The phenomenology of respect: with special attention to Kant, Scheler, and Confucianism

Asian Philosophy 27 (2):112-126 (2017)

In this paper, I focus on analyzing the manifestation and significance of respect. I first illustrate the two meanings of jing 敬 and their connection in Confucian classical texts, which is helpful to understand the Confucian phenomenology of respect. The two meanings are seriousness as a mind-state and respect as an intentional feeling. After clarifying this point, I undertake a phenomenological analysis of respect, in order to show that respect helps one to achieve moral pursuit. This analysis takes the Kantian notion of respect as a starting point but further is accomplished by the phenomenology of value and feeling. The respect for duties and affairs, the respect for personhood and dignity, and the respect for the worthy with merit motivate one to take moral actions. For example, respect contributes in taking one’s duties seriously, appreciating human beings’ spiritual values and good tendencies even when they have not been actualized, supporting the worthy to play a role, and emulating the worthy to make a contribution and serve others. In Subsequently, I clarify how respect helps one to achieve religious pursuit in one form of Christianity, in light of Max Scheler’s discussion on humility and reverence. Through revering God one respects others; through serving God and participating in God’s humble spirit one serves others. I elucidate the Confucian classics’ discussions on religious experience, in order to show how respect helps one to achieve religious pursuit in one form of Confucianism, and how it is similar and different from Max Scheler’s clarification. The concrete relation between respect and li 禮 in the Confucian tradition will be treated in another work.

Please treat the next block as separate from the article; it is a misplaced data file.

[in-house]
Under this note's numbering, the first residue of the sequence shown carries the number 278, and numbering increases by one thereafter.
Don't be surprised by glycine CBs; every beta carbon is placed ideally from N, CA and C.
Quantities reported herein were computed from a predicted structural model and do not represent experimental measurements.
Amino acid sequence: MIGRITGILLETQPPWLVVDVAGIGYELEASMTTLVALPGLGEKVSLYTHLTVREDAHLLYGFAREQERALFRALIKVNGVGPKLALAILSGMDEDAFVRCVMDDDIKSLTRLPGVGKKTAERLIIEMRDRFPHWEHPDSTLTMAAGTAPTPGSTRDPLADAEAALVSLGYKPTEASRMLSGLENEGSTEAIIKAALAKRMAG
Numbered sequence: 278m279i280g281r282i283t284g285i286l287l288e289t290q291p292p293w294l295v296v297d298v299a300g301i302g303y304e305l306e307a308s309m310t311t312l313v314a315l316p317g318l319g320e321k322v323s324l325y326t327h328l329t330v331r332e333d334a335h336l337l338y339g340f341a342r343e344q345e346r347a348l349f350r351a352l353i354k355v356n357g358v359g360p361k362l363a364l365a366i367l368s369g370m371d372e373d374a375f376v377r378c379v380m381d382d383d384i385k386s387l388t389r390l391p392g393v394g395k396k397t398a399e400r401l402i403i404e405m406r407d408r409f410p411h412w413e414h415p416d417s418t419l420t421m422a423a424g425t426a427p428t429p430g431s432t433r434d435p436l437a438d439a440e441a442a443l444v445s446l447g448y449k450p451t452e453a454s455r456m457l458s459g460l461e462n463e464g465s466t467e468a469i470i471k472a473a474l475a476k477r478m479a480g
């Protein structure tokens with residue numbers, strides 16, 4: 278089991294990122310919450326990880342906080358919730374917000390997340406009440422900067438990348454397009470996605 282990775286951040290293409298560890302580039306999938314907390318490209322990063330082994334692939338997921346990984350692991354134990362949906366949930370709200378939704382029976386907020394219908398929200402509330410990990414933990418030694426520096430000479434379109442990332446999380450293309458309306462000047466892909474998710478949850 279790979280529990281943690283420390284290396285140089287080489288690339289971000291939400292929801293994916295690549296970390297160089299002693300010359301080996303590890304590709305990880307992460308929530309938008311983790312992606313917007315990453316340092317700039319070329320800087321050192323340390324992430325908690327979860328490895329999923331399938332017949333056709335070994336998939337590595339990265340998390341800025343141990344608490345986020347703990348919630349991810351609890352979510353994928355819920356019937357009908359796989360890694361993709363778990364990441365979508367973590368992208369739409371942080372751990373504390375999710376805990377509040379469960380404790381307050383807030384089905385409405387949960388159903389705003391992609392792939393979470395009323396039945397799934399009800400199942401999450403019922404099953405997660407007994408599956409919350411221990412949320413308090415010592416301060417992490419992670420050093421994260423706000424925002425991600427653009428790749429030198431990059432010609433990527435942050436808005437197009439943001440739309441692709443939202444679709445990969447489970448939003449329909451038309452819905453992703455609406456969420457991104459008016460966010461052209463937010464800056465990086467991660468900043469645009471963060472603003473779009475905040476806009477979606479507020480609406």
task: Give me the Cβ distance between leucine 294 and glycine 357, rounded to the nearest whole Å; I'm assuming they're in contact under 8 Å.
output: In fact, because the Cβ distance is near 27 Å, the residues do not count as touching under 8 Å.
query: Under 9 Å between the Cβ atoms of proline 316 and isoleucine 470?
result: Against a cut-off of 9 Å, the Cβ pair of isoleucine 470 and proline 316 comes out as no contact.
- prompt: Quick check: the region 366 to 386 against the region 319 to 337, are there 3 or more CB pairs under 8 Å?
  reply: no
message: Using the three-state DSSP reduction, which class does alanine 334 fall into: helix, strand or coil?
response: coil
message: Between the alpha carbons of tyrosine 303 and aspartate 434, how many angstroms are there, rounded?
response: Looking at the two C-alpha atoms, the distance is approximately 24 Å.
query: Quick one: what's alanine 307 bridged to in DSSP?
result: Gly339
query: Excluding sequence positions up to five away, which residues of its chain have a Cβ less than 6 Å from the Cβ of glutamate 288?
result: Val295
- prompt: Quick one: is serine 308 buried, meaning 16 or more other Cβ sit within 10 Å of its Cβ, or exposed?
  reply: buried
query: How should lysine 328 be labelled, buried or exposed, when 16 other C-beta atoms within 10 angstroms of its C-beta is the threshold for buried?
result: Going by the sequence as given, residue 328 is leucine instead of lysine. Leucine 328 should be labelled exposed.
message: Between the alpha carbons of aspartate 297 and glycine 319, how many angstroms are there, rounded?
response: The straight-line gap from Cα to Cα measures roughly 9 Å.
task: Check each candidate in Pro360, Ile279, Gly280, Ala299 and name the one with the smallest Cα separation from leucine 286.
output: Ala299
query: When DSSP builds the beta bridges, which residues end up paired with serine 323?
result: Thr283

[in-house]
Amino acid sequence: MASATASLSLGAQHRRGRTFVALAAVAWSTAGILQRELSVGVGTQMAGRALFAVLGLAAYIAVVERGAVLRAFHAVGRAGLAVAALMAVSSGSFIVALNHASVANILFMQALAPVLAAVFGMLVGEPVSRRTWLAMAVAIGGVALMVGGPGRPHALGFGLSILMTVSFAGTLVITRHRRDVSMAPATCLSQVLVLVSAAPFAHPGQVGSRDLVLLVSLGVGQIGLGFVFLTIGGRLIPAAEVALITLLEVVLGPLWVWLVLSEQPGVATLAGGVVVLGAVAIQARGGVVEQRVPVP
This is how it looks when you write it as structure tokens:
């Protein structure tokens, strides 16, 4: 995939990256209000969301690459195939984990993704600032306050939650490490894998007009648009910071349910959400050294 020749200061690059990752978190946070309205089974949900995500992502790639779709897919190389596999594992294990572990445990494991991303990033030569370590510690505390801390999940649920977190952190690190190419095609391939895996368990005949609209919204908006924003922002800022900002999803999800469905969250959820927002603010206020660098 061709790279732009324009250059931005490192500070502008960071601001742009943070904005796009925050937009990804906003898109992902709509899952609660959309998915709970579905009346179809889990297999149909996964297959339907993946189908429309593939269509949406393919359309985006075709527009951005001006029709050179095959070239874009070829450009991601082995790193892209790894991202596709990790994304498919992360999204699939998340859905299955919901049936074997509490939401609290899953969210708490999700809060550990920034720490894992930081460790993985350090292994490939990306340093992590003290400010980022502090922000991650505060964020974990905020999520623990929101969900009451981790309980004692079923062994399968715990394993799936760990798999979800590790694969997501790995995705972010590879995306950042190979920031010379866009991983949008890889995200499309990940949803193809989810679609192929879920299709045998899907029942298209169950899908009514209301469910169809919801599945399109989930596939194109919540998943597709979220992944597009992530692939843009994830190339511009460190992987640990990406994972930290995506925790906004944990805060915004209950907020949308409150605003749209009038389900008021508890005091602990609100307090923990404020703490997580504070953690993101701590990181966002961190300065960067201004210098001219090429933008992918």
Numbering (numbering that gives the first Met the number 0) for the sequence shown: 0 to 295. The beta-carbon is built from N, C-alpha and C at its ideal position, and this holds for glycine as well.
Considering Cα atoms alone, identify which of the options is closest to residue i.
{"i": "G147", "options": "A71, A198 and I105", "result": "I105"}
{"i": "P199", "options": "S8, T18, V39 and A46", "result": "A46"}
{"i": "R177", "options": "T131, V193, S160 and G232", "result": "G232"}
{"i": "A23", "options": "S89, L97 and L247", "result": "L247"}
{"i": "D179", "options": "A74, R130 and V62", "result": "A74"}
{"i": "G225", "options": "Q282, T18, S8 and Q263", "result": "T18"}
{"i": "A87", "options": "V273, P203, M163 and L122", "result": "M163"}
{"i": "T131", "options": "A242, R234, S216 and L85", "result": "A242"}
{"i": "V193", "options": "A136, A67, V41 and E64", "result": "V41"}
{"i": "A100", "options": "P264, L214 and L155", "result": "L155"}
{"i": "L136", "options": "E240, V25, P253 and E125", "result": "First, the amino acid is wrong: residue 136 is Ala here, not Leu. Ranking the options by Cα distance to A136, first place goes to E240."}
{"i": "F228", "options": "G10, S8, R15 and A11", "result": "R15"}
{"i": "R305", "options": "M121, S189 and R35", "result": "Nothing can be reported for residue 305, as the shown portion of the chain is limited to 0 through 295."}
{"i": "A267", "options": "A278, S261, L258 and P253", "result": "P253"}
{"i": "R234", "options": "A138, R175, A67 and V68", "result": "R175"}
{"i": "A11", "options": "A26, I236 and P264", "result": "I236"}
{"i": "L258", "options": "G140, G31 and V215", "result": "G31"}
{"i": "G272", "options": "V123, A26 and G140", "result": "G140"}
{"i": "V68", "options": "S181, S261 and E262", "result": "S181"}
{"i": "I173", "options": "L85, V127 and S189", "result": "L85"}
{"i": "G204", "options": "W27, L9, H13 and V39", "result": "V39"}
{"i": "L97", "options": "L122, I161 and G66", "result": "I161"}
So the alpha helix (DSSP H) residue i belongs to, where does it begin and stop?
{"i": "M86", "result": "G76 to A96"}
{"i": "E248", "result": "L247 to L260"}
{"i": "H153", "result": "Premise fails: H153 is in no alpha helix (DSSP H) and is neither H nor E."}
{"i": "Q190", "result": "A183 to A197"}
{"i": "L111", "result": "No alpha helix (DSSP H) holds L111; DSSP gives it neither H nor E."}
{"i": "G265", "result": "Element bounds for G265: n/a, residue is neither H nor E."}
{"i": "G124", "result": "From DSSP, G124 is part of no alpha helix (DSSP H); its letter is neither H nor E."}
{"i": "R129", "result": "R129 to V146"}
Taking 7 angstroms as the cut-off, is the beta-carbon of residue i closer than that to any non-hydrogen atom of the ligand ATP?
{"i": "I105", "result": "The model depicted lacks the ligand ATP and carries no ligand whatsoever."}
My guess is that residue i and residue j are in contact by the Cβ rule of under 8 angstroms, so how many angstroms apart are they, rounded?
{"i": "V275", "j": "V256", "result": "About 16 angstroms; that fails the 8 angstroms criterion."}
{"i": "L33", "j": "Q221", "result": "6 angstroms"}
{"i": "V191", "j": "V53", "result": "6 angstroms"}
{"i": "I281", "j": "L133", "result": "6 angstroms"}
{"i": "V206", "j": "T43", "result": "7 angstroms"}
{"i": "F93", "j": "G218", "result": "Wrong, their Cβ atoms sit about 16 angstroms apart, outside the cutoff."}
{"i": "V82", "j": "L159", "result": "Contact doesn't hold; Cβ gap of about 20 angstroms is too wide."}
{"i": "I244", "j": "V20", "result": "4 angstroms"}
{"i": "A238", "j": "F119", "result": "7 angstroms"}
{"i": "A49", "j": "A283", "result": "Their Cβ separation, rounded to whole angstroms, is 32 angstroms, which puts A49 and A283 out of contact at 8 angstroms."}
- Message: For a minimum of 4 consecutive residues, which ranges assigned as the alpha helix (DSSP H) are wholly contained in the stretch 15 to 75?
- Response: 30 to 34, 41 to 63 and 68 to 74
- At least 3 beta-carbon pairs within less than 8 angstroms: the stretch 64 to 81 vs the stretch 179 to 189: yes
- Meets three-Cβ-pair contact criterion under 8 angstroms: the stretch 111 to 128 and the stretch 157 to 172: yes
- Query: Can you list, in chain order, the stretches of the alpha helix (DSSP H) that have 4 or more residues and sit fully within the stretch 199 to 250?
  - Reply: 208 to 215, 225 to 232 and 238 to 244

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DOI 10.1080/09552367.2017.1319084
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References found in this work BETA

The Metaphysics of Morals.Immanuel Kant - 1996 - Cambridge University Press.
Groundwork for the Metaphysics of Morals.Immanuel Kant - 1785/2002 - Oxford University Press.
A Source Book in Chinese Philosophy.Wing-tsit Chan - 1963 - Princeton: Princeton University Press.
Two Kinds of Respect.Stephen Darwall - 1977 - Ethics 88 (1):36-49.
Confucian Moral Self Cultivation.Philip J. Ivanhoe - 2000 - Hackett Publishing Company.

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